May is Better Hearing & Speech Month

Know the Signs of Early Speech & Language Disorders

KingsbS&L Therapy2ury Center’s speech-language pathologists recommend that parents, especially those of young children, take time during the month of May to familiarize themselves with the signs of speech/language disorders and assess their children’s communication development.

It is not uncommon for parents to put off taking any action about a speech delay until a child is age three or older, according to The American Speech-Language-Hearing Association. Some parents may have had concerns for a year or longer before they take action. Parents with a concern are encouraged to seek an assessment from a speech-language pathologist right away for the best possible outcome.

Between birth to four years of age is an important stage in early detection of communication disorder. The early stages of speech and language disorders are easier to spot when you know the signs. Remember: The most common language disorders that young children experience are highly treatable, when identified early! Continue reading

Spring’s Wisdom – Setting us in Motion and Reinvigorating our Senses

This week’s blog was authored by Kathleen Pyne, OTR/L, who provides therapeutic services to students at Kingsbury Day School

In springtime, our surroundings tell us that new life can come from dormancy. Like the blossoming trees and flowers around us, we humans are living and growing beings. As we emerge from our winter hideaways, enjoying the warmer weather and spending time outside will enrich our souls as well as enhance our health. Continue reading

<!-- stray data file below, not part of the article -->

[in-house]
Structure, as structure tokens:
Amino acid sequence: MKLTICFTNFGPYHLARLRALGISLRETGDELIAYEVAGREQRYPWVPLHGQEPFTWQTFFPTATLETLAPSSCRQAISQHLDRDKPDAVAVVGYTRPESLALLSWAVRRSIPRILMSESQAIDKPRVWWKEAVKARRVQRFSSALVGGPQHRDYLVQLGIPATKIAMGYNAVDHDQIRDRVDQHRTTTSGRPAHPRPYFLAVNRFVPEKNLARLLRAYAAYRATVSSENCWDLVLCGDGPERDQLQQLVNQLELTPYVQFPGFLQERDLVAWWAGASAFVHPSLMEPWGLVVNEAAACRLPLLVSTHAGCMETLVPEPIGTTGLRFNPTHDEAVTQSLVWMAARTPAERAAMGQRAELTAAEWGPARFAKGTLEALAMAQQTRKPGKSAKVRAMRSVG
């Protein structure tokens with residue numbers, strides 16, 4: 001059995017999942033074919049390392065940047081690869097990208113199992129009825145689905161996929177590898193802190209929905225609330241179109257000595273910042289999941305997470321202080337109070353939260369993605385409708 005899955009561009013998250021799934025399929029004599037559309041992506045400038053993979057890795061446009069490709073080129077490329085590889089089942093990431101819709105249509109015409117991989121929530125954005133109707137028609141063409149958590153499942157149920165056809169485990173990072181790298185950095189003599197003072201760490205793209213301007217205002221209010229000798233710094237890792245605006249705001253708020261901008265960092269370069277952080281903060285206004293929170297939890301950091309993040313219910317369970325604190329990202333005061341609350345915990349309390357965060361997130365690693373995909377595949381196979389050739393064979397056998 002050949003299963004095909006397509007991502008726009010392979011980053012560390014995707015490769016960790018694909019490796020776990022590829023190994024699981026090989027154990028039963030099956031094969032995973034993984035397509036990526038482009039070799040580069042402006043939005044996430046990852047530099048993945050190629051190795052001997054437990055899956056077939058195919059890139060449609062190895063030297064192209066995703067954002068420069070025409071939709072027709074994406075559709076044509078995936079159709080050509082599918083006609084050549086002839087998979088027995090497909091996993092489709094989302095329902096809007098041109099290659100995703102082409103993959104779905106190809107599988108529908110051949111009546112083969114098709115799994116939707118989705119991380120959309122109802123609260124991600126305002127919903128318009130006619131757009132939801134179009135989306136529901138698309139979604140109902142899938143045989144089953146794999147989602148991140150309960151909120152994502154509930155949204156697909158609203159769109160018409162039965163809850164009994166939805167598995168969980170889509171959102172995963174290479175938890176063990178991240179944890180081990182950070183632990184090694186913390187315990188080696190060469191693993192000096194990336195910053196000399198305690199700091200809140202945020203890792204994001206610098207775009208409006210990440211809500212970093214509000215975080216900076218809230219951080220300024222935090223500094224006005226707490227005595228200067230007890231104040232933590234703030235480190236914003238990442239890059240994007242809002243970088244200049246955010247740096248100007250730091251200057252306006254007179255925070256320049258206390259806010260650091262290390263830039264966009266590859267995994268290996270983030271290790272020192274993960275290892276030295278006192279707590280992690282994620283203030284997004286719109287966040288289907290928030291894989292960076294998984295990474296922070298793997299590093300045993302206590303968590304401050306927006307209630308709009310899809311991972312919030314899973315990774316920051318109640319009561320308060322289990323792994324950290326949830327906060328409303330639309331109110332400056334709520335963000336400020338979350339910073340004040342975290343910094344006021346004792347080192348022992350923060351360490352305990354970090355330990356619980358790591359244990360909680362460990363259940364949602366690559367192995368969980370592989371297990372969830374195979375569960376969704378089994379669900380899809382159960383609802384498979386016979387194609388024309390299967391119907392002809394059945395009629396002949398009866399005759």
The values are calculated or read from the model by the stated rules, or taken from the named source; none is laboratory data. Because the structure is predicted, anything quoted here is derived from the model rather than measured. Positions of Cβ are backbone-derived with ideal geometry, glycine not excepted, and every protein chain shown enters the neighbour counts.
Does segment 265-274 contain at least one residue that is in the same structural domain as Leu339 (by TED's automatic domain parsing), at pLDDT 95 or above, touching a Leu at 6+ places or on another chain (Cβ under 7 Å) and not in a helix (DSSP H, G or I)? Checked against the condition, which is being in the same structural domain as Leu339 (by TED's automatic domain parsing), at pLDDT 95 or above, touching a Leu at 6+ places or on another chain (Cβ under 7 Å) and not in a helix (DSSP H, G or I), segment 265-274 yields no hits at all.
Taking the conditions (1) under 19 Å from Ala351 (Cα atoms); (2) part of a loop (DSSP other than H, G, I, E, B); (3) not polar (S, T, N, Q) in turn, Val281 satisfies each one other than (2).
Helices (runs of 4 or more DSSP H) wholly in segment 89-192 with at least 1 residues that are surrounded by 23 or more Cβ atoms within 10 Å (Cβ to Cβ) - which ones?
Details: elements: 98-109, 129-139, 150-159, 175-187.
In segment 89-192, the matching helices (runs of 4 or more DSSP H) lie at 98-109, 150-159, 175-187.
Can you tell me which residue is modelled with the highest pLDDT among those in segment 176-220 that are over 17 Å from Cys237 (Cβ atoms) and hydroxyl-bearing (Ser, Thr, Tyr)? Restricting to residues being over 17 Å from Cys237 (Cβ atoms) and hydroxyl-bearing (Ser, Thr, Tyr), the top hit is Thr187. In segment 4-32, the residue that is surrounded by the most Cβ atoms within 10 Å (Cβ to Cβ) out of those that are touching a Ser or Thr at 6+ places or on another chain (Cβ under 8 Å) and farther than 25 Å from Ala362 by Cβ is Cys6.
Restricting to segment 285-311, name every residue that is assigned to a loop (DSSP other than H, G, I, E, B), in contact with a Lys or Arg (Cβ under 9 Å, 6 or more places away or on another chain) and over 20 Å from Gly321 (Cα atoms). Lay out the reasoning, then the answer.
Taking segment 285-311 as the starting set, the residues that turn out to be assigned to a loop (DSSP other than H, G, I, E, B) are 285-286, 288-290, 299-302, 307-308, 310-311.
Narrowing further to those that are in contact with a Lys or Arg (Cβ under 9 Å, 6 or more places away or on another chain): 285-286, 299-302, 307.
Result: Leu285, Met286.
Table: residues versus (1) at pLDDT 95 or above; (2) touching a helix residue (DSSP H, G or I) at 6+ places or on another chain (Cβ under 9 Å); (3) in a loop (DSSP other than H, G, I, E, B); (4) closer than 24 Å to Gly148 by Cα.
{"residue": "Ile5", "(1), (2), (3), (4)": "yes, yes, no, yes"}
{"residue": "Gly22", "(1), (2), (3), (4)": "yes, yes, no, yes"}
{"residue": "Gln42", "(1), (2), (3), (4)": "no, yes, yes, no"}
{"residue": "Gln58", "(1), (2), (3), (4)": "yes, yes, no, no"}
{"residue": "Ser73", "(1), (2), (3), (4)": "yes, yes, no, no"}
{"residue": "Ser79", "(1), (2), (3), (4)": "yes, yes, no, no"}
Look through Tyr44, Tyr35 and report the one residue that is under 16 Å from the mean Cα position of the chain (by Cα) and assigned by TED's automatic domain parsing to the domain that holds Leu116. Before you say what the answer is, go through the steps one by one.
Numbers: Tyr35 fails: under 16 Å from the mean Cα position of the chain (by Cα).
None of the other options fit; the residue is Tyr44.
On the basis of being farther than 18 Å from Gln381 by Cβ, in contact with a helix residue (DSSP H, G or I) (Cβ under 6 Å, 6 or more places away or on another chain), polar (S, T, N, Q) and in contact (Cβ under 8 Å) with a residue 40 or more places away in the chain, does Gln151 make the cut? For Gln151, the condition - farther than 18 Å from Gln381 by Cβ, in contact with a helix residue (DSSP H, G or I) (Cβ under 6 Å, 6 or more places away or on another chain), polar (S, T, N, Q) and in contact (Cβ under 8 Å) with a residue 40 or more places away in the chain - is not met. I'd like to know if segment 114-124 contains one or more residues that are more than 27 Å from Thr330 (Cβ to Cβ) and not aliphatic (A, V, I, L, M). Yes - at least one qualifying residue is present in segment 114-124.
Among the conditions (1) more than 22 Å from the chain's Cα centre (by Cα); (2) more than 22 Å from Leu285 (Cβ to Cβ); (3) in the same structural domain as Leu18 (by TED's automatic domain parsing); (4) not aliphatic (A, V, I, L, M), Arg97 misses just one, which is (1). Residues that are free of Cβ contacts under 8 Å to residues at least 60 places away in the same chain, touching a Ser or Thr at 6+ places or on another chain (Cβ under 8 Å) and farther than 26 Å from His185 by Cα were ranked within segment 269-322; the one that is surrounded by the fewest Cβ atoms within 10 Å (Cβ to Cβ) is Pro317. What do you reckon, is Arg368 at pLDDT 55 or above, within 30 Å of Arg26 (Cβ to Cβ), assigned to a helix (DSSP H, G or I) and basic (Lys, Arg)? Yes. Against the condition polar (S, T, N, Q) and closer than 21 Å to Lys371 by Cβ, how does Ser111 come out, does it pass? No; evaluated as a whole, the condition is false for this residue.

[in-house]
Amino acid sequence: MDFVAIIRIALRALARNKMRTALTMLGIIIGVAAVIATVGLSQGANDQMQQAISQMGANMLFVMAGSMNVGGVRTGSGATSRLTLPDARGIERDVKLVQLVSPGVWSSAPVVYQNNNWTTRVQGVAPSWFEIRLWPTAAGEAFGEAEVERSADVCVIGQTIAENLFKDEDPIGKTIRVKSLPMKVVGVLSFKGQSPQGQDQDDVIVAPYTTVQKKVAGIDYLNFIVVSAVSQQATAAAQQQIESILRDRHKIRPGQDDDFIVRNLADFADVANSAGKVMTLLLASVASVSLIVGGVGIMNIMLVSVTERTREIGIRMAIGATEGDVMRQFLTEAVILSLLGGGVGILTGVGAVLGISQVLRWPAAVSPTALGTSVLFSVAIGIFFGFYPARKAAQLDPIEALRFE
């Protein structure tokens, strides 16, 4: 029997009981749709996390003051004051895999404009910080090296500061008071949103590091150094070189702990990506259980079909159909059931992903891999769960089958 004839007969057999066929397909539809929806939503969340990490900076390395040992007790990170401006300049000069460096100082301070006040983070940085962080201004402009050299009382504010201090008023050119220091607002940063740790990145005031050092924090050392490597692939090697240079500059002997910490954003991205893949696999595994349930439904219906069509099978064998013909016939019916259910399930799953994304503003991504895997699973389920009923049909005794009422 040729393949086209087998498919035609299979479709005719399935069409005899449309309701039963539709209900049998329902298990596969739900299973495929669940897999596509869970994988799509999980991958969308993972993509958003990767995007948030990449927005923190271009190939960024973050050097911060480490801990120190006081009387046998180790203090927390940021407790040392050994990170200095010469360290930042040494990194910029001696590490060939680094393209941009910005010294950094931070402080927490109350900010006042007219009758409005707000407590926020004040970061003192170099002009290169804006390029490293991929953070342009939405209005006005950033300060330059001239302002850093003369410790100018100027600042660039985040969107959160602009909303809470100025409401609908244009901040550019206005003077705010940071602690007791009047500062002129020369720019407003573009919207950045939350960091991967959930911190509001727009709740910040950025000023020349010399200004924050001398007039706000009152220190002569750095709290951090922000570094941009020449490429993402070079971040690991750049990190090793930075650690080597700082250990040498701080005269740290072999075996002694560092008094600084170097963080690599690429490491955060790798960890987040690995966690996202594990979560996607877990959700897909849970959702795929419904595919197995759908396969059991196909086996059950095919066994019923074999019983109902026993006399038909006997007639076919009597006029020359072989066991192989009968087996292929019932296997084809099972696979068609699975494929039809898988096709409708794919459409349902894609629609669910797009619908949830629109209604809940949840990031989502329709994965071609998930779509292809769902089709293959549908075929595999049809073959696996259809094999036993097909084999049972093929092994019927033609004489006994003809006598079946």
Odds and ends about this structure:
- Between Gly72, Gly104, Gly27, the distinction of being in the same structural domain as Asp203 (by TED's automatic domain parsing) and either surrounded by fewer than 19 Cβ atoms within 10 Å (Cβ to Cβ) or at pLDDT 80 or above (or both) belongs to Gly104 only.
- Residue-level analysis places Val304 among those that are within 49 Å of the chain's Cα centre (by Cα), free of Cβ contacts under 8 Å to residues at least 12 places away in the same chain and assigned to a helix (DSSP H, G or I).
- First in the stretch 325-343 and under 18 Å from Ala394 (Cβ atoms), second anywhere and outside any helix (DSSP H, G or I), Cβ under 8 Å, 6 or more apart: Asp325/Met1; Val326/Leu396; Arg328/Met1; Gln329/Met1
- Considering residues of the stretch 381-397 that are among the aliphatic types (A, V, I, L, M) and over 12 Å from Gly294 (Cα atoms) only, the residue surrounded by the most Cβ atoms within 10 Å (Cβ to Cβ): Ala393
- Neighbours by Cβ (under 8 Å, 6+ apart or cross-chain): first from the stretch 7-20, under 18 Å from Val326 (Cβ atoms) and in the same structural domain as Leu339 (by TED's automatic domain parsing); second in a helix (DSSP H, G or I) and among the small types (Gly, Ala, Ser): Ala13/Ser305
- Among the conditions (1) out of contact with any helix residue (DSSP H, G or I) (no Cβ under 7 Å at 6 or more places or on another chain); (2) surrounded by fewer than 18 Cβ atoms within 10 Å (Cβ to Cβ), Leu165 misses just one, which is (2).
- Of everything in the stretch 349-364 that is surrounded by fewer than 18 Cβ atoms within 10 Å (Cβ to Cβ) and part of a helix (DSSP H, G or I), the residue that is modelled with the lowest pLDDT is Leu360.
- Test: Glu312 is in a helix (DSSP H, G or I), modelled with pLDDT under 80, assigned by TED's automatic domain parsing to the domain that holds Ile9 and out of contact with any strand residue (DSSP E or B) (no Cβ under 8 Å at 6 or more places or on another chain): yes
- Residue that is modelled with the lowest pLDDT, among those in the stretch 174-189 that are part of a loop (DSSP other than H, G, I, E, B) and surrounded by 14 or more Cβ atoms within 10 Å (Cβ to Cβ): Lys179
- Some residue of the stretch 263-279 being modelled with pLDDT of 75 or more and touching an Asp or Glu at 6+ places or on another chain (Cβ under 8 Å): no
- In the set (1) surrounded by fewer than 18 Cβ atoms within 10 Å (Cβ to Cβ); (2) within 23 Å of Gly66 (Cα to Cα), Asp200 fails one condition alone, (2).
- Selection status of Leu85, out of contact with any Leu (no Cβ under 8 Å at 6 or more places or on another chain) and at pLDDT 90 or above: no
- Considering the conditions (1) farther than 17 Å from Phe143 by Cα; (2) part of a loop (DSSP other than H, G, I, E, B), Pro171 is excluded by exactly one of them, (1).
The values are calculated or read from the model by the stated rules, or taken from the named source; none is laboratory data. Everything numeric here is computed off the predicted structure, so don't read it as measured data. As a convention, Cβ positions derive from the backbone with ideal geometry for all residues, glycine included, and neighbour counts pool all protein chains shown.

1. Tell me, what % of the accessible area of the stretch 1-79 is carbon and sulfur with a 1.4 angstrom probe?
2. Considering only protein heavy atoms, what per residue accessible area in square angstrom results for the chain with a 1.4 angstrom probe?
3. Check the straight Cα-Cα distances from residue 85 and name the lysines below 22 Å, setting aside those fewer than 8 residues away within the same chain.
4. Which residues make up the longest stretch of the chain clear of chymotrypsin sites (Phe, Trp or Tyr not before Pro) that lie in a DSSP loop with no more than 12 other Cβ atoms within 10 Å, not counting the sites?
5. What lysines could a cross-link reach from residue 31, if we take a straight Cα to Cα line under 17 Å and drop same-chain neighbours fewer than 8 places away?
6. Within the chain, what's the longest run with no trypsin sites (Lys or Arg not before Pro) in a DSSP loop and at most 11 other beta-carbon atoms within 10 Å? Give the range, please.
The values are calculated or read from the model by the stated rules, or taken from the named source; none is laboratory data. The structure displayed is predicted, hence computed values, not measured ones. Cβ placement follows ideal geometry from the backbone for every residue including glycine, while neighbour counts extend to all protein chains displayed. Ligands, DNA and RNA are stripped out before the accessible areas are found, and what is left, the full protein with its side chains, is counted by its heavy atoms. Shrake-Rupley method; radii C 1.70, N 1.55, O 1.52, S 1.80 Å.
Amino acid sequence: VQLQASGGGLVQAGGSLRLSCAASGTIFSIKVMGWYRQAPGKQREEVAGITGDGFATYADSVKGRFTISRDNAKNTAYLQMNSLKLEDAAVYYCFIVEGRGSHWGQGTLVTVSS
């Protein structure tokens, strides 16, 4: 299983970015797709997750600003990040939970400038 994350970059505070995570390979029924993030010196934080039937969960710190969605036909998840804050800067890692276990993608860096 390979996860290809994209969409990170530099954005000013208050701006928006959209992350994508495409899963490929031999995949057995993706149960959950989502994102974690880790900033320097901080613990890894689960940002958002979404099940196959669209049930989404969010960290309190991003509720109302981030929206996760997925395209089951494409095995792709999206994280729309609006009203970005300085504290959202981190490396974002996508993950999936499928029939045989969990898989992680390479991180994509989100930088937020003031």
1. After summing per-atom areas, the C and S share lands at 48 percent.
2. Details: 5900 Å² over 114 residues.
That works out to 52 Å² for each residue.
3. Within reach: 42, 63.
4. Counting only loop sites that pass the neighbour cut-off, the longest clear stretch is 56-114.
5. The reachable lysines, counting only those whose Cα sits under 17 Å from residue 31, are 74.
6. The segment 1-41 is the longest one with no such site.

Tips for Seasonal Allergy Sufferers

This blog was written by Michele Kuhn, RN, who has been serving the Kingsbury Day School community for five years.

Pollen Polen Polline Pyek PlenPollen has been falling from trees and plants in DC for weeks. That means that spring allergies are in full swing. Many students and staff are experiencing symptoms which can include: runny nose, nasal congestion, watery/itchy eyes, post-nasal drip, coughing, sneezing, headache, irritability and fatigue.

Seasonal allergy symptoms can be quite annoying and distracting and can create difficulties concentrating in school. What can an allergy sufferer do to minimize their discomfort? While allergies can’t be cured, there are steps you can take to relieve seasonal allergy symptoms or avoid getting the symptoms. Continue reading

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It’s Spring: Time for Outdoor Fun!

Cheryl


Cheryl Farley, MSPT, is a certified, licensed and experienced physical therapist at The Kingsbury Center. With Spring approaching, she share some tips for helping your child to enjoy the outdoors (while also working their muscles!).

 

I am starting to think about spring! After months of spending time indoors, the days are getting longer and it is time to start taking evening walks around the neighborhood or playing in the backyard after dinner.